Eleven days after the Duke of Wellington’s triumph at Waterloo, the British Parliament debated what steps should be taken to commemorate the great victory. Parliament had previously been opposed to granting any award to the common soldier. In this case, national sentiment ran high and an overwhelming majority in the House of Commons voted that a medal be struck for presentation to all of those participating in the Waterloo Campaign.
The Duke of Wellington wrote a supportive letter dated June 28, 1815 to H.R.H., the Duke of York and stated (1):
I would likewise beg leave to suggest to your Royal Highness the expediency of giving to the non-commissioned officers and soldiers engaged in the Battle of Waterloo a medal. I am convinced it would have the best effect in the army, and if the battle should settle our concerns, they will well deserve it.
In a further dispatch dated September 17, 1815 to Earl Bathurst, Secretary of State for the War Department, the Duke states:
I have long intended to write you about the medal for Waterloo. I recommend that we should all have the same medal, hung to the same ribbon as that now used with the medals.
In the London Gazette dated 23rd of April 1816, the following official notification was published (1):
Horse Guards, March 10th, 1816
The Prince Regent has been graciously pleased, in the name and on behalf of His Majesty, to command, that in commemoration of the brilliant and decisive victory of Waterloo, a medal should be conferred on every officer, non-commissioned officer, and soldier of the British Army, present upon that memorable occasion.
His Royal Highness has further been pleased to command, that the ribbon issued with the medal, shall never be worn but with the medal suspended to it.
By command of His Royal Highness the Prince Regent;
H. Torrens, Major-General and Military Secretary
As a result, the Waterloo Medal was authorized by the British Government on April 23, 1816 to be given to all officers and men of the British Army (including the King’s German Legion) for participating in the battles of Quatre Bras and Waterloo from June 16 through June 18, 1815. Thus, the Waterloo Medal became the first award issued by the British Government to all ranks of soldiers present. This was a radical departure from the practice in England at the time of only rewarding officers with medallic recognition for service, thereafter establishing a trend that continues to this day.
William Wellesley, the Master of the Mint, was commanded to manufacture the Waterloo Medal and planned to strike approximately 40,000 medals in bronze to supply the demand. Work commenced almost immediately on rolling the copper, cutting the blanks and preparing the dies (2). The task for engraving the medal dies fell upon Thomas Wyon, Jr., who had just been appointed Chief Engraver to the British Royal Mint in 1815 at the remarkable age of 23. Thomas Wyon, Jr. was from the famous Wyon family of engravers that faithfully served the Royal Mint and gave us such beautiful coins and medals throughout the 1800’s.
The proposed design for the Waterloo Medal obverse featured the bust of the Prince Regent. Thomas Wyon, Jr. chose the famous portrait of the Prince Regent painted by Sir Thomas Lawrence as a model for the obverse die. The Prince had been appointed Regent due to the mental illness of his father (King George III) and would later be crowned King George IV.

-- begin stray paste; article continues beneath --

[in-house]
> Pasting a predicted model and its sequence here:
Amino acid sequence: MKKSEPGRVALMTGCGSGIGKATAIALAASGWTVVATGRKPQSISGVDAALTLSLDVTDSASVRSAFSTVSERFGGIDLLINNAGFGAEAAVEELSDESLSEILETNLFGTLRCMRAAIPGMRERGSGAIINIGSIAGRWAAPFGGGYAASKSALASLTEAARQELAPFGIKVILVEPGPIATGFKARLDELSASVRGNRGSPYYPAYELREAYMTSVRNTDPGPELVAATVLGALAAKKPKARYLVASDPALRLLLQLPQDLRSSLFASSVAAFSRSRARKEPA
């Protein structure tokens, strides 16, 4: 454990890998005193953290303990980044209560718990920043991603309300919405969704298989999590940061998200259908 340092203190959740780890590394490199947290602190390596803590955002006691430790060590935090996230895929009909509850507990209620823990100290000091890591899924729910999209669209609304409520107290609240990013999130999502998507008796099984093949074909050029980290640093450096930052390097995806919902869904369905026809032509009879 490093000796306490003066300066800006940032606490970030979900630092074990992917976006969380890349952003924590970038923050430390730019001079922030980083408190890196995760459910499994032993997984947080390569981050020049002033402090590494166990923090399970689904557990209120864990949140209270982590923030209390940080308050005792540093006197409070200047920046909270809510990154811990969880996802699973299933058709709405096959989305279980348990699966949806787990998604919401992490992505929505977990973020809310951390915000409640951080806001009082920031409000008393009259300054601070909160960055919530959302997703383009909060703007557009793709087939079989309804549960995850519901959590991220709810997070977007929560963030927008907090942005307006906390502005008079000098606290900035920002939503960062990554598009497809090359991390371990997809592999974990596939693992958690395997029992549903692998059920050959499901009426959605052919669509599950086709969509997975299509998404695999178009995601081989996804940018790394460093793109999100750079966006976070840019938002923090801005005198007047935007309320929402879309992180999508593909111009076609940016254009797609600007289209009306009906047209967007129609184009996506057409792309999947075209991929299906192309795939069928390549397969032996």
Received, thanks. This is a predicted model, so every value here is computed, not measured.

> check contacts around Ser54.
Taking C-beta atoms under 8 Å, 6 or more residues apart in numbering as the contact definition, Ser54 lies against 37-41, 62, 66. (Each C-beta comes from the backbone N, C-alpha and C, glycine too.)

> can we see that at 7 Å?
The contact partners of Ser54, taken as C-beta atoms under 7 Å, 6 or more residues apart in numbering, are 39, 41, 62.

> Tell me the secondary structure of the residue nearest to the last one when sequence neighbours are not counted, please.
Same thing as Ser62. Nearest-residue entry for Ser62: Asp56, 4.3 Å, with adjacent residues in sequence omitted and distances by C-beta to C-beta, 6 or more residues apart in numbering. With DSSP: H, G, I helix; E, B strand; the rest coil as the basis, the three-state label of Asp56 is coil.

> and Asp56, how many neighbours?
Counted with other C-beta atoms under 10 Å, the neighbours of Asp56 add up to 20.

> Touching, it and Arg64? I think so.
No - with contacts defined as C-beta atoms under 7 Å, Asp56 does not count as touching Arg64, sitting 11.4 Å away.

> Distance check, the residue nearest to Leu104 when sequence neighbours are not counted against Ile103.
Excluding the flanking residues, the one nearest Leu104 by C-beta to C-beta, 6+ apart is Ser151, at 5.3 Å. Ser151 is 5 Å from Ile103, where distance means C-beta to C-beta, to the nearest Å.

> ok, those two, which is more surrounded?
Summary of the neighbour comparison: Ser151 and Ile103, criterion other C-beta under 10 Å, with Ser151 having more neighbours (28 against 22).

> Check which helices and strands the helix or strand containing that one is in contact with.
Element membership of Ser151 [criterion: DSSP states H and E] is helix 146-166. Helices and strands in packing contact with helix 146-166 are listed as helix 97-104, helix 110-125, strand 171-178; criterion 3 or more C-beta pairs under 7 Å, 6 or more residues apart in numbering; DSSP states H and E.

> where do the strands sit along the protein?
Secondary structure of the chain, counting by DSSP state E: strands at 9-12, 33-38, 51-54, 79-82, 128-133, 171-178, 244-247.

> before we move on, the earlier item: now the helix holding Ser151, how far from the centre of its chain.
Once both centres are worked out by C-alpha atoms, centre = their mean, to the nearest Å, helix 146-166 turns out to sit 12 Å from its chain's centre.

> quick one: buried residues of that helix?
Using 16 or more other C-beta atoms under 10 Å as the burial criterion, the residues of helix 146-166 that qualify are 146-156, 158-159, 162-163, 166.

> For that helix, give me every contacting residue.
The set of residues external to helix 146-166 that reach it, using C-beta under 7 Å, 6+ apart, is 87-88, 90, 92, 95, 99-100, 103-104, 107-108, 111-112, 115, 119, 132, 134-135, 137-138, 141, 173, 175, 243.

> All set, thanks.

Wyon’s proposed design for the reverse of the Waterloo Medal was a beautiful winged figure of Victory seated on a pedestal, holding a palm in her right hand and an olive branch in the other. The word “Waterloo” is encapsulated below Victory and above her the name of the commander, “Wellington.” Thomas Wyon’s design was modeled after an ancient Greek coin of Elis, circa 450 B.C., now in the collection of the British Museum (1).
An early rejected trial pattern of a bronze Waterloo Medal is shown in Figure 1. This particular trial striking also features the name *John Martin 6th Inniskilling Drag.* impressed on the rim in the later correct naming style. Noted medallic author George Tancred mentions another such trial striking named to “John Shaw, Mint” (2). Several other similar trial striking specimens are known to exist, two of which are in the British Museum.
Another rejected larger size Waterloo Medal (41mm verses 36mm as issued) was struck in silver and was intended to be given to British Officers as shown in Figure 2. This obverse design differs from the as-issued Waterloo Medal in that it featured a draped bust of the Prince Regent. Tancred makes note of this particular prototype in saying it was rejected for being too large to wear (3). There is another identical specimen noted in the Ashmolean Museum and one in the Royal Collection (4).
An unnamed trial striking of Wyon’s Waterloo Medal design in bronze is shown in Figure 3. This pattern would be the final accepted die configuration used for producing the required 40,000 medals.
At the 11th hour, the Prince Regent signified his pleasure that the Waterloo Medal be struck from fine silver for distribution to all Officers and men present. Weight of the medal was intended to be approximately one ounce with a worth of about 6 shillings per medal (2).
An example of the final as-issued Waterloo Medal configuration in fine silver is shown in Figure 4. The name of the engraver, “T. WYON: JUN” appears on the obverse in small letters underneath the Prince Regent’s bust. On the reverse, “T. WYON” also appears next to the battle date of June 18, 1815.
More to come on the origins of the Military General Service Medal 1793-1814.
1. Carter, Thomas, Medals of the British Army and How They Were Won, Groombridge & Sons, London, 1861
2. Hayward, John B., The Waterloo Medal: Nearly a Bronze Award, OMRS Journal, 2005
3. Tancred, George, Historical Record of Medals and Honorary Distinctions, Spink & Son, 1891
4. Brown, Laurence, A Catalogue of British Historical Medals 1760-1960, Seaby